2006 Philadelphia Annual Meeting (22–25 October 2006)
Paper No. 42-6
Presentation Time: 2:50 PM-3:05 PM


FANNING, C. Mark, Research School of Earth Sciences, Australian National Univ, Canberra, ACT 0200, Australia, mark.fanning@anu.edu.au and LINK, Paul, Geosciences, Idaho State University, Campus Box 8072, Pocatello, ID 83209

Just as the Rodinian concept encouraged a flurry of research into continental reconstructions, the Snowball Earth concept has rekindled long-term research into determining just when these apparently worldwide Neoproterozoic glacial events really took place. Unfortunately there has recently been a tendency to push for just how small one's U-Pb error ellipses can be rather than overcome the inherent problem that has always existed in Neoproterozoic sediments – what can we actually date? So, we have decided to yet again look at the rocks, searching for the crucial tuffaceous horizon 1-5 cm thick that may have been overlooked, or not appreciated for its geochronologic value. The ability to analyse a large number of samples/zircon grains with minimal destruction to those grains, has enabled us to scan numerous samples that at least have a volcanogenic component, even if not truly tuffaceous. Amongst the wide number of exploratory samples collected from both Australia and North America, a gray vitreous tuffaceous bed in the upper unit of the Sturtian Merinjina Formation southwest of Copley, South Australia (Unit 3 of Link and Gostin, 1981, American Journal of Science, v. 281, p. 353-374), has yielded sufficient zoned igneous zircons for us to report the U-Pb SHRIMP data. The tuffaceous layer overlies a regionally persistent massive diamictite unit and is in turn overlain by about 50 m of dropstone-bearing sandstone, conglomerate, and diamictite below the post-glacial Tapley Hill Formation. SHRIMP data on the youngest zircon population indicates a date of just less than 660 Ma; all concordant analyses. The rock is clearly volcaniclastic and a wide range of Proterozoic and older zircons also are present. Their ages can be easily and rapidly determined in a minimally destructive manner by the ion microprobe. However the ca. 658 Ma date for zoned igneous zircon places a new maximum constraint on the timing from within the Sturtian succession in South Australia. The date requires that glacially influenced sedimentation continued after 658 Ma, and thus prolongs the time interval of worldwide "Sturtian" glaciation from ca. 710 to at least ca. 658 Ma. This date also indicates that the hypothesized synchronous “Sturtian” Snowball Earth events are very problematic.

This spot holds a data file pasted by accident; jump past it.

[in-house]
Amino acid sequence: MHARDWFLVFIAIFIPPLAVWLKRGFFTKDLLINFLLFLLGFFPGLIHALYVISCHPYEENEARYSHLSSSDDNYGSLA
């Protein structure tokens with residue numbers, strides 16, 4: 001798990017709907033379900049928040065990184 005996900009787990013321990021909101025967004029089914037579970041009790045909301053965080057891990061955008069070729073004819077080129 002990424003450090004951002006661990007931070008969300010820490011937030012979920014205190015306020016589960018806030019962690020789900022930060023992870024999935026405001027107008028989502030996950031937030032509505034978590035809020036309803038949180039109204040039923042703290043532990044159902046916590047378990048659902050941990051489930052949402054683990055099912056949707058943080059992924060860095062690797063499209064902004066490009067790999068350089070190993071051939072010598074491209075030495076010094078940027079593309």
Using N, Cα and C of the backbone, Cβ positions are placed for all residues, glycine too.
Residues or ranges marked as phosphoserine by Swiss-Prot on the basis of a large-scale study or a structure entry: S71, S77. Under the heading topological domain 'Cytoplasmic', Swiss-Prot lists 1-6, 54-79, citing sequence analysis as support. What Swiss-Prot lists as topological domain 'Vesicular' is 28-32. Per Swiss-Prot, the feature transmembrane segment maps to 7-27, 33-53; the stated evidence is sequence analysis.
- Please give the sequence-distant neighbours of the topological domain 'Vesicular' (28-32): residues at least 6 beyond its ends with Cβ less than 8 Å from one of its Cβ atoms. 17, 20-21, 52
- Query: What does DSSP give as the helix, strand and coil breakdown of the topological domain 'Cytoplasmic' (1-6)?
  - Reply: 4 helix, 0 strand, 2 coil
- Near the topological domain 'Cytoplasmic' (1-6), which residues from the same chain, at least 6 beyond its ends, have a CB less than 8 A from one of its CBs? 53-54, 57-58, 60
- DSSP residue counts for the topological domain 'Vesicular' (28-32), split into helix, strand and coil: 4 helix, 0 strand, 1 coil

2006 Philadelphia Annual Meeting (22–25 October 2006)
General Information for this Meeting
Session No. 42
Pennsylvania Convention Center: 204 C
1:30 PM-5:30 PM, Sunday, 22 October 2006

Geological Society of America Abstracts with Programs, Vol. 38, No. 7, p. 115

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